Former presidents George W. Bush and Barack Obama have seen their favorability ratings rise in retirement and since President Donald Trump took office, according to a Gallup Poll released Monday.
Both Obama and Bush are viewed favorably by about six in 10 adults, and both are more popular than Trump, who registered a favorability rating of 40 percent in the current poll.
Bush, who left office in 2009 with a favorability rating of just 35 percent, now sits at 59 percent, just four points shy of Obama’s current favorability rating of 63 percent.
Bush’s favorability was at 52 percent a year ago, while Obama’s favorability was at 58 percent when he left office in January.
Bush’s national image has improved among nearly all major demographic and political groups, with young adults being the main exception. Only 42 percent of young adults view Bush favorably, a rating that has not changed from a year ago.
Compared to his 2009 low point, Bush’s favorable ratings have doubled among independents and quadrupled among Democrats.
Meanwhile, Obama’s popularity has crept up since his successor was elected. While Obama’s favorability rating of 63 percent is six percentage points off from his high point in March 2009, it has increased five percentage points since Trump took office.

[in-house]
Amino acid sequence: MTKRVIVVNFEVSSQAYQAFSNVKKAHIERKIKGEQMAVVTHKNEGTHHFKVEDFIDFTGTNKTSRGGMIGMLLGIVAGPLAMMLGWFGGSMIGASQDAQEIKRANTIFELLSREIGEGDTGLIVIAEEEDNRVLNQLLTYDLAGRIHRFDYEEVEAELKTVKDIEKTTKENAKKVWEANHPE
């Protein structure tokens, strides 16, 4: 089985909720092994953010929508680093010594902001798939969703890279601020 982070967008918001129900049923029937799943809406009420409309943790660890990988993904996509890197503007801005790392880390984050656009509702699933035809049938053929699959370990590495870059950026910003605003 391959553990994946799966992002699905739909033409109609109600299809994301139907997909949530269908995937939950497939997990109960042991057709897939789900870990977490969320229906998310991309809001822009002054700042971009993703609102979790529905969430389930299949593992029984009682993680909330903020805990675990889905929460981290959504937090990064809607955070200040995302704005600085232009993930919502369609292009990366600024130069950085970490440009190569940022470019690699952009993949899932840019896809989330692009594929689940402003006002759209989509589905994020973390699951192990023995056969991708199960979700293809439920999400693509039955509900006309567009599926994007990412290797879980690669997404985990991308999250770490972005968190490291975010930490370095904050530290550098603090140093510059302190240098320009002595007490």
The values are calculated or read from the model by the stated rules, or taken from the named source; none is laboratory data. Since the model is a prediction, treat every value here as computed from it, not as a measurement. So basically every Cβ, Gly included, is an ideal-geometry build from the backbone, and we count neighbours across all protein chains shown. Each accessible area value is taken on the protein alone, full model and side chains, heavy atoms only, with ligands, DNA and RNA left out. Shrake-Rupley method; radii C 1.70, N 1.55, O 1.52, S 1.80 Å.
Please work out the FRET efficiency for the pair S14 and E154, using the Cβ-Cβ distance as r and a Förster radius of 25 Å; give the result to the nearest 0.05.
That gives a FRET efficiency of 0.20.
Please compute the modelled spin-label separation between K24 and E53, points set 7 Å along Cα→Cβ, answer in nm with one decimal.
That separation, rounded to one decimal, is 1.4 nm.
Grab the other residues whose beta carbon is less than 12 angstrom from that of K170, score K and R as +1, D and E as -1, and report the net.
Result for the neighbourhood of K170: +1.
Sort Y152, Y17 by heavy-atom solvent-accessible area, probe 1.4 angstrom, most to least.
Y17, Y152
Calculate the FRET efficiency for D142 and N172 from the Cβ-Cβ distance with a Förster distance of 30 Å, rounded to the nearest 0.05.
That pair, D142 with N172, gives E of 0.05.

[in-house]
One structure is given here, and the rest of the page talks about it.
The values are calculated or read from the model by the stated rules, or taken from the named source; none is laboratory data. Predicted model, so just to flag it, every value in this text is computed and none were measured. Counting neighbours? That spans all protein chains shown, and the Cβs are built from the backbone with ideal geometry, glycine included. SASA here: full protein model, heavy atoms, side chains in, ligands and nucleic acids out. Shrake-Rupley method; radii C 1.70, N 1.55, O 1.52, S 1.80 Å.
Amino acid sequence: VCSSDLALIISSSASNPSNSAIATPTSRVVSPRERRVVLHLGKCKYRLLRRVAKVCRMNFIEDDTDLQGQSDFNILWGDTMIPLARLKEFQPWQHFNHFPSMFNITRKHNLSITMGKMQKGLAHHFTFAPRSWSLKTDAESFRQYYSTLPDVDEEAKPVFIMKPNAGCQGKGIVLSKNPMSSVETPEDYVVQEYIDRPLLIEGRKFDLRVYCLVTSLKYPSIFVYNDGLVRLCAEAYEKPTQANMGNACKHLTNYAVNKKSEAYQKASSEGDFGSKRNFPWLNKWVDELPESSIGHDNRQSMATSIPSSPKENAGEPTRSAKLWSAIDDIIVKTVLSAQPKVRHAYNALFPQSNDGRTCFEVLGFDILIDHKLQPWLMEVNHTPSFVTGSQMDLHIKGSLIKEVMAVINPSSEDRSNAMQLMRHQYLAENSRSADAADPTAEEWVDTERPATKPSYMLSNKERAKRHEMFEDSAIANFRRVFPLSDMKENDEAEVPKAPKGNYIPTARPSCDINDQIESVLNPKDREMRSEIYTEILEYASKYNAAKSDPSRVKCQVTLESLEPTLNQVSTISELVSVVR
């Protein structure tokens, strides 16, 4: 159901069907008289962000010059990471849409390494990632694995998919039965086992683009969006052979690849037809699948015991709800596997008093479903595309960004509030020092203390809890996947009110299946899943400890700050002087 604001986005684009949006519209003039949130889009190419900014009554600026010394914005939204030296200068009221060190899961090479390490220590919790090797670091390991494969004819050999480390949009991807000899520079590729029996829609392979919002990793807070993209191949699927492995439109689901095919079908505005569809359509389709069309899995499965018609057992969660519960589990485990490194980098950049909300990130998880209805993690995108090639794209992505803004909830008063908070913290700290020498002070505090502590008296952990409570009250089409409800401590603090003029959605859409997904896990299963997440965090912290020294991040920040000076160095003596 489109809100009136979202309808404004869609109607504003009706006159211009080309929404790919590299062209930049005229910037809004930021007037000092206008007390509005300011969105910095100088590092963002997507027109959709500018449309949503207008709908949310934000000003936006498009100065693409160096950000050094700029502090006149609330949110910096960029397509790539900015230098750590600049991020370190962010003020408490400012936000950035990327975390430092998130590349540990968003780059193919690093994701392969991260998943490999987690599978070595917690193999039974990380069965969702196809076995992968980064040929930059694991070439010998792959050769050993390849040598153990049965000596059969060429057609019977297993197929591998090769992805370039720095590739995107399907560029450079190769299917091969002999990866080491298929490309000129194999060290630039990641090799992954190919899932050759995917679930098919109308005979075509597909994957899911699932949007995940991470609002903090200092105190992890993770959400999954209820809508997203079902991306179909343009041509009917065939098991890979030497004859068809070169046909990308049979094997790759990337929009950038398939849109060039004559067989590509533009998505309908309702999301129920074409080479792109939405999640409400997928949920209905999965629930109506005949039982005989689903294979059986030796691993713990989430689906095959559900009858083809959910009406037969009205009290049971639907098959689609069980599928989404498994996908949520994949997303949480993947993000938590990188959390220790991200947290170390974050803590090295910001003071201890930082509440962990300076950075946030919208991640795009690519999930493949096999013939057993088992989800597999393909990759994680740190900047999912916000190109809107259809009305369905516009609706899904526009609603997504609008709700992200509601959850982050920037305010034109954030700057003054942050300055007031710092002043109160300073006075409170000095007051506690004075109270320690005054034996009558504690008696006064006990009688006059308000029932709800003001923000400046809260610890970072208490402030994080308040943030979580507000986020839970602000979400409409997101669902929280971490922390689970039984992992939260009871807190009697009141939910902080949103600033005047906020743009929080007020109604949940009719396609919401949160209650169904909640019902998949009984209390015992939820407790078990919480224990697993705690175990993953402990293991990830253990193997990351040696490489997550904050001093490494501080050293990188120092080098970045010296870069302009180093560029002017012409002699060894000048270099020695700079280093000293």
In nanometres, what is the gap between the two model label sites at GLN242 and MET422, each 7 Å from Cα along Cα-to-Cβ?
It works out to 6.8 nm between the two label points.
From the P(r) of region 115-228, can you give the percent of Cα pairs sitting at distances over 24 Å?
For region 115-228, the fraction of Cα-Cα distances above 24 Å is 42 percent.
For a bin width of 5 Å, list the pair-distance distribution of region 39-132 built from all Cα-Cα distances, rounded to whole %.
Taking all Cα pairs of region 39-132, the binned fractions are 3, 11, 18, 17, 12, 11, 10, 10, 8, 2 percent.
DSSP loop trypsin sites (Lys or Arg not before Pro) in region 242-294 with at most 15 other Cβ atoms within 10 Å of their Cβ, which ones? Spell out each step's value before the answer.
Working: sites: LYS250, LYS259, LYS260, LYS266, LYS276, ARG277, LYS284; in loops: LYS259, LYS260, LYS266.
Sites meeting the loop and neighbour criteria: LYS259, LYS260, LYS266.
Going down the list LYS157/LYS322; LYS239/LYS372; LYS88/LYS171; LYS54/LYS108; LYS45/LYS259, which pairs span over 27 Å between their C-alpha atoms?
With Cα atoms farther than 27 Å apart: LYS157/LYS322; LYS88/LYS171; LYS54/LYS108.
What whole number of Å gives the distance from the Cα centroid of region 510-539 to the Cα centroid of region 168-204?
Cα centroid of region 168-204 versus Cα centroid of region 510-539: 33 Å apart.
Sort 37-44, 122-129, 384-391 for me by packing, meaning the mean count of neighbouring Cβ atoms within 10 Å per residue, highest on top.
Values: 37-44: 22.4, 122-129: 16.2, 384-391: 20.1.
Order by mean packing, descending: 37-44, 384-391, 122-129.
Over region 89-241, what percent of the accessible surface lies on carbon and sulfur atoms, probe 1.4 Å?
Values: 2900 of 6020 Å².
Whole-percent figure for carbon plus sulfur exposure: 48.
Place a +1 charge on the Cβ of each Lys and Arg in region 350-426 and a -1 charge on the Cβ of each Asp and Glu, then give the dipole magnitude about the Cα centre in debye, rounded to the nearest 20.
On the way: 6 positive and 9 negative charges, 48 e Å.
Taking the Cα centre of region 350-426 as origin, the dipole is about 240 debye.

In contrast to Bush, all major demographic groups view Obama favorably, including men, women, whites, nonwhites and every age category.
However, only 22 percent of Republicans view Obama favorably, whereas 95 percent of Democrats view him favorably. Obama’s popularity in his own party was higher than Bush’s, who is viewed favorably by 82 percent of Republicans.
The Gallup poll was conducted June 7-11, using a sample of 1,009 adults. The poll has a margin of error of plus or minus 4 percentage points.